The narrative and moral center of the play is Officer Lockstock, played with more agility and ability than anticipated by Mark "Monk" Schane-Lydon. Following memorable, over-the-top performances Schane-Lydon is, in this play, a master of restraint, a singer of lyric charm and a charmer of frightening proportions. He may find future roles that please him, but it will be hard to find a role in which he pleases more. Here he is truly worth the price of a ticket.
As his sophisticated twelve-year-old companion, Little Sally, newcomer to the Ghent arena Eleah Peal is shear perfection. She asks us to find a new word for "coy" and a new descriptive for "marvelous" because neither of these goes far enough to give the bigger picture of her performance. Similarly the Penny Pennywise of actress Amy Fiebke is a revelation of seductive evil. Fiebke takes on the sensual side of Penny without making her ridiculous while at the same time showing us what a useful tool is sensuality when it is applied to commerce. She should stop the show with her second song, "Why Did I Listen to That Man?" but she can’t because the authors won’t allow it. But she should.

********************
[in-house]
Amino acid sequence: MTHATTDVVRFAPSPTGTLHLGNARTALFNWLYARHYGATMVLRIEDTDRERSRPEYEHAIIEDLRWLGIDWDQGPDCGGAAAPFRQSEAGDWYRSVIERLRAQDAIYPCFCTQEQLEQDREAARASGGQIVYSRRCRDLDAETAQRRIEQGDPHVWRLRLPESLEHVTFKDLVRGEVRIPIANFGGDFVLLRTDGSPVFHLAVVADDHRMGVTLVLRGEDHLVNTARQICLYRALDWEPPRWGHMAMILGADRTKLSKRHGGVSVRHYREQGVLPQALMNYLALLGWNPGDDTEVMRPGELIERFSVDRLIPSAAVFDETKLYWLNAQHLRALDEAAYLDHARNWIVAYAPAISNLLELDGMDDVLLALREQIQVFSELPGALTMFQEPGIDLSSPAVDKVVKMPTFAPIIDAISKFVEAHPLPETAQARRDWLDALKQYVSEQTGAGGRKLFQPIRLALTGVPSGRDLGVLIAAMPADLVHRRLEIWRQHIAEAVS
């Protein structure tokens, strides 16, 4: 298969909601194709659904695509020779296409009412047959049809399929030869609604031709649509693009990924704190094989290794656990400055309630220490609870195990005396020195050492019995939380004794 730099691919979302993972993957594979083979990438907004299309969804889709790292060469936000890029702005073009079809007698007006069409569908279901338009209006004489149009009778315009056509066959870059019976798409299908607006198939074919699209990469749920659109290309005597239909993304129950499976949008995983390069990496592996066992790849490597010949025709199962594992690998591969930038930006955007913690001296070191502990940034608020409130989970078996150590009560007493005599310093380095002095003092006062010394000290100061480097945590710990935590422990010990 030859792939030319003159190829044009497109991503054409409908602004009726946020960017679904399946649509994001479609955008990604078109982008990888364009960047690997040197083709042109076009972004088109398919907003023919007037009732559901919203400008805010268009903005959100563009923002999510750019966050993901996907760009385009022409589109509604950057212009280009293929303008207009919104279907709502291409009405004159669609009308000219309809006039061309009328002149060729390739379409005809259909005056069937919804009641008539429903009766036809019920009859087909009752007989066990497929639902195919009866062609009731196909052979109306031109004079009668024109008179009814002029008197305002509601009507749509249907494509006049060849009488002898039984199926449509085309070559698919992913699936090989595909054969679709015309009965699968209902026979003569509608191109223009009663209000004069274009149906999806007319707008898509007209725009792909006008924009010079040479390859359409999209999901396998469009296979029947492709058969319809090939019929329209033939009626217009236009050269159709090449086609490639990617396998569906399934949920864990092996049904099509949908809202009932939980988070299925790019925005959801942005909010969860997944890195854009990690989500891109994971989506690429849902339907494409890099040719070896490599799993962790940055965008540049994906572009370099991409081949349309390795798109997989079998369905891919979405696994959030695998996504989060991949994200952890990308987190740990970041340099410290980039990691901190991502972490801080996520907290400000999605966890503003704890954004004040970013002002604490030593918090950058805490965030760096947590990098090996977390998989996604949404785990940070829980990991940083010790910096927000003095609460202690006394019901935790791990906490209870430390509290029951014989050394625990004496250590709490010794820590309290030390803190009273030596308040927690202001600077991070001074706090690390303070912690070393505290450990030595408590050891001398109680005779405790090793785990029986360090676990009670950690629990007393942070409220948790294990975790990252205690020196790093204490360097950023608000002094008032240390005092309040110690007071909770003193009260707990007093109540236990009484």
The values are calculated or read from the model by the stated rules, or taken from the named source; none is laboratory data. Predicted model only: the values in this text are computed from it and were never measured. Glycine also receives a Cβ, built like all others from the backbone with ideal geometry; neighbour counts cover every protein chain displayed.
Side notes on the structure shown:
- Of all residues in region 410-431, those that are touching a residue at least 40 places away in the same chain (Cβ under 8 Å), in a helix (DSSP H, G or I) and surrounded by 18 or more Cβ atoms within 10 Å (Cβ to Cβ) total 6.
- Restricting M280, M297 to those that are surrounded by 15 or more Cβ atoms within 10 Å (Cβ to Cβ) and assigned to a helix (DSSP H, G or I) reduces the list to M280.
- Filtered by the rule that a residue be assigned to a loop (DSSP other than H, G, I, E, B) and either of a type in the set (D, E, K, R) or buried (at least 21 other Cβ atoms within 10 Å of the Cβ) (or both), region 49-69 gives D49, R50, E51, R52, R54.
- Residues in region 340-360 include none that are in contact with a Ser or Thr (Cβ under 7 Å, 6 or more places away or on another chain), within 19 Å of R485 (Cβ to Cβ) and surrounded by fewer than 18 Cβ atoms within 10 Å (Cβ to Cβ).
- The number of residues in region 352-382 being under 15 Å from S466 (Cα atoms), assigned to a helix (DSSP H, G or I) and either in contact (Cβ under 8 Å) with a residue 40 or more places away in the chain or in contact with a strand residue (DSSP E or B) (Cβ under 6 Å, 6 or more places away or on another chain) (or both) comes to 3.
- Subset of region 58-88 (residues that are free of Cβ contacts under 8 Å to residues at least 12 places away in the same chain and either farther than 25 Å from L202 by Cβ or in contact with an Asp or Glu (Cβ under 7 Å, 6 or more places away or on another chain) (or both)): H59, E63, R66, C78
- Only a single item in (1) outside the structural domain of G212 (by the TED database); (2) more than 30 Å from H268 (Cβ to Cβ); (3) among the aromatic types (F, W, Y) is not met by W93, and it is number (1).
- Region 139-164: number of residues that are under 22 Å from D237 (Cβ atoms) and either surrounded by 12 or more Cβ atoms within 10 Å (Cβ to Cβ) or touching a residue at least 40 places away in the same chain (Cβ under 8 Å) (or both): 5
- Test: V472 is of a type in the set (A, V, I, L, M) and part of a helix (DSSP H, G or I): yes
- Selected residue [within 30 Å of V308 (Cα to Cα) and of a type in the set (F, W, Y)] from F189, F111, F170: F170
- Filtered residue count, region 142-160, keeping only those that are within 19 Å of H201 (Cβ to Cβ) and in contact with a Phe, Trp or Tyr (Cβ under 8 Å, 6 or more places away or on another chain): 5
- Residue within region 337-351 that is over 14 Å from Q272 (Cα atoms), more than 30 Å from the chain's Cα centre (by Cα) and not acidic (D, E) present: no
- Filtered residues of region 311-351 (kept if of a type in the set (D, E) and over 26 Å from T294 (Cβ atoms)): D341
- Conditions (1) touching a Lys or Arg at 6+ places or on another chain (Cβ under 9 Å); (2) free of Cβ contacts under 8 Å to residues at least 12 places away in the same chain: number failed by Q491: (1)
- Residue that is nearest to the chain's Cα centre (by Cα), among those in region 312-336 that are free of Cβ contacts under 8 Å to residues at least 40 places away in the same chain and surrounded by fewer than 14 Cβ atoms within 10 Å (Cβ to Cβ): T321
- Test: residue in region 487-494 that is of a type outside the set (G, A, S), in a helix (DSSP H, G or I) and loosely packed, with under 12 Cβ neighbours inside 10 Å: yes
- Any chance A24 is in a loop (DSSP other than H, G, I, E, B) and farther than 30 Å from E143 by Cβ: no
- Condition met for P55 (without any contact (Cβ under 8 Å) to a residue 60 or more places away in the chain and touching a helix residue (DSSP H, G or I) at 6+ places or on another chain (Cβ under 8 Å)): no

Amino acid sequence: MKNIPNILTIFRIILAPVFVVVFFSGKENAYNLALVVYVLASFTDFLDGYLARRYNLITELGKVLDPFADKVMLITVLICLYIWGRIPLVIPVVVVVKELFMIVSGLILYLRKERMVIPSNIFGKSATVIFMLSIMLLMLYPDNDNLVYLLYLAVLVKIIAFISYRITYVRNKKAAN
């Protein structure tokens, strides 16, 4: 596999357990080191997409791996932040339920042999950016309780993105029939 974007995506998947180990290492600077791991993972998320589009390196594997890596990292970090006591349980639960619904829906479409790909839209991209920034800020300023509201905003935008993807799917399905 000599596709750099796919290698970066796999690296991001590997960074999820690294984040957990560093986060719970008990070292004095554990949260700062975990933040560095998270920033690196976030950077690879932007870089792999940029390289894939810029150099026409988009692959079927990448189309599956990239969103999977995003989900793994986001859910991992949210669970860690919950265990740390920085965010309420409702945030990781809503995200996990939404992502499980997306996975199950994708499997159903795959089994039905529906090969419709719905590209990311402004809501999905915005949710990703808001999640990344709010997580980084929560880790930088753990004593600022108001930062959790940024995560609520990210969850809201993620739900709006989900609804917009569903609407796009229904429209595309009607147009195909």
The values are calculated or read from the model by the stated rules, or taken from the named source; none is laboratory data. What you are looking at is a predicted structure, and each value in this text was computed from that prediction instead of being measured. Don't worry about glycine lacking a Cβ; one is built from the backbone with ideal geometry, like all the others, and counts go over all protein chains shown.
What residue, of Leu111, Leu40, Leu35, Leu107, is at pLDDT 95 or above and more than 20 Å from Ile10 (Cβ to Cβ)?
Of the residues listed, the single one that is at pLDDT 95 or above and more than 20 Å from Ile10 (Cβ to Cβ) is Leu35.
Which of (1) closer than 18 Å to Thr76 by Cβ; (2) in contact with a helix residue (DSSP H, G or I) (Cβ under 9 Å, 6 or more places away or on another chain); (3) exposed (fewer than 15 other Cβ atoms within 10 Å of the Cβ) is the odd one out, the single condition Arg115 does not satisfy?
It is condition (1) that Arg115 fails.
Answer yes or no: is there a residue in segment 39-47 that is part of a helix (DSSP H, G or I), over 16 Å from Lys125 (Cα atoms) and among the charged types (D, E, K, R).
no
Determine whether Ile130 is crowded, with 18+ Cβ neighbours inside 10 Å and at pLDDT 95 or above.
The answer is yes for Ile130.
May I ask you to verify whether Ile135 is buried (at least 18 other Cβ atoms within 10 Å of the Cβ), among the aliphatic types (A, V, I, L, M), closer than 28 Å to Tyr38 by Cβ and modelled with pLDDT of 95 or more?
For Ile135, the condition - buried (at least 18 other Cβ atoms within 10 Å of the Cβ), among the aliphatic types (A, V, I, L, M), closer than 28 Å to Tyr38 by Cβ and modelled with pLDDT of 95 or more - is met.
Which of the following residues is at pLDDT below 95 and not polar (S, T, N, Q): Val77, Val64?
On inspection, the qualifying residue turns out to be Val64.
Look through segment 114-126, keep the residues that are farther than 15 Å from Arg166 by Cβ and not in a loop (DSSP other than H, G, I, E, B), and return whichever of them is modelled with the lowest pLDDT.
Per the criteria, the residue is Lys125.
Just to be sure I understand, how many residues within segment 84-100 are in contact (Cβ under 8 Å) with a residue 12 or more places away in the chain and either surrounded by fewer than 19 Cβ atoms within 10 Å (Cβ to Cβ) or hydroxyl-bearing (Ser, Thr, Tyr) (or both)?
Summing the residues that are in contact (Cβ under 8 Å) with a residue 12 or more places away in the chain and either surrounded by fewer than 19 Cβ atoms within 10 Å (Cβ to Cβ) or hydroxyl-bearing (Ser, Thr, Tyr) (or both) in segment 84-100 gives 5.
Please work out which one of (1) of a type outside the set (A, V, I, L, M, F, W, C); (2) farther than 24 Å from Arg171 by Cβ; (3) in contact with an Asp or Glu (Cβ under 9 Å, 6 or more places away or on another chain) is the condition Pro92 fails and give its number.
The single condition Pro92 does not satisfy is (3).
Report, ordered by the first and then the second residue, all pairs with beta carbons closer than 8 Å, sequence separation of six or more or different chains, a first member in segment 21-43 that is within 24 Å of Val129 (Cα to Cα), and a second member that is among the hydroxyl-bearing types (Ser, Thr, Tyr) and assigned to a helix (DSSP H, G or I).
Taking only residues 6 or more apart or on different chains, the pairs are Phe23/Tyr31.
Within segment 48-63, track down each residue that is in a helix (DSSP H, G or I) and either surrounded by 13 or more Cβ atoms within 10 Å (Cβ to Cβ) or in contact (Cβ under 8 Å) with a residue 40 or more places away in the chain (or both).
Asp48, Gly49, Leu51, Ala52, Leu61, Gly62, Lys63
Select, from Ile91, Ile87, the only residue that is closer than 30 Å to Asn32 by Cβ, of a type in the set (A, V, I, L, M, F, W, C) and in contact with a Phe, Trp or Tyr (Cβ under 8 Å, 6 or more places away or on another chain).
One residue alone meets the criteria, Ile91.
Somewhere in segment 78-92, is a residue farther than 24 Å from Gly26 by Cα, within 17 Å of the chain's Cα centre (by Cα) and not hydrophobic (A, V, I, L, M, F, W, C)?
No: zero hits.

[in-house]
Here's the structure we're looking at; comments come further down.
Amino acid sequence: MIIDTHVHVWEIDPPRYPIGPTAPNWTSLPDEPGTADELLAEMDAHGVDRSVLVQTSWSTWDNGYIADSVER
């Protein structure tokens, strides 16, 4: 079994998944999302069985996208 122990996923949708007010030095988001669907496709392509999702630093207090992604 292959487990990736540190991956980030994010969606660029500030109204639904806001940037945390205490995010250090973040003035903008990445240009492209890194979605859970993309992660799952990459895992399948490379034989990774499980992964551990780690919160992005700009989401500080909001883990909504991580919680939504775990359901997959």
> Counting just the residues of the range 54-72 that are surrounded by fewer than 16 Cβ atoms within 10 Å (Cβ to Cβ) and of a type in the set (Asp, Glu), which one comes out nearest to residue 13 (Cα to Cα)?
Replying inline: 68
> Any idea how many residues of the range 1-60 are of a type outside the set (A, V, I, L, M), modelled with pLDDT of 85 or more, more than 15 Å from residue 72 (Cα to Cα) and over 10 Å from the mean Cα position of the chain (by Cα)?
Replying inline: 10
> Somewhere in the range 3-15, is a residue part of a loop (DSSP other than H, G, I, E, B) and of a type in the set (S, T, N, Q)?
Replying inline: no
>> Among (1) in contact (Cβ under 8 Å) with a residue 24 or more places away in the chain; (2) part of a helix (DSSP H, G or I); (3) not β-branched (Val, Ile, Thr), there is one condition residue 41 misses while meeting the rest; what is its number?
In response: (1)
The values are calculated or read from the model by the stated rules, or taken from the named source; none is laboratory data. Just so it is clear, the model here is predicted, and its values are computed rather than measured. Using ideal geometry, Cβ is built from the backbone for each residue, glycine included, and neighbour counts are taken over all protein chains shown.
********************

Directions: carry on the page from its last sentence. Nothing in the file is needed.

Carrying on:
The lovers, and leaders, of this show’s plot are played by Kaitlin Pearson (Hope), Tracy Trimm (Old Man Strong), Kathy Marin Wohlfeld ("Ma" Strong) and Mike Meier (Bobby Strong) and a finer quartet could not be imagined for these roles. All of them deliver perfect performances with Trimm’s first scene denouncement of the governing board of his town lighting the plot spark that moves the show along, Pearson’s simple sweetness providing the fuel, Wohlfeld’s sincerity and warmth providing the underpinnings of strength (as the family name implies) and Meier’s talent providing the heart of the drama with the soul of the show’s intentions, both musical and dramatic.
There is a resident company here at the Ghent Playhouse that provides a form of entertainment each November known as a "Panto." One of its goals is to make us look at the humor in politics. This show does the same thing and this is a perfect year to take a deeper look into what is happening around us. Although "Urinetown, the Musical" is a decade old, it still is on point in this election year. Cladwell and his gang, including a Senator, know how to make things work for their greedy intent and as we listen to the debates going on right now in Iowa and South Carolina and other places we can find hilarious pre-echoes, reminders, in this show.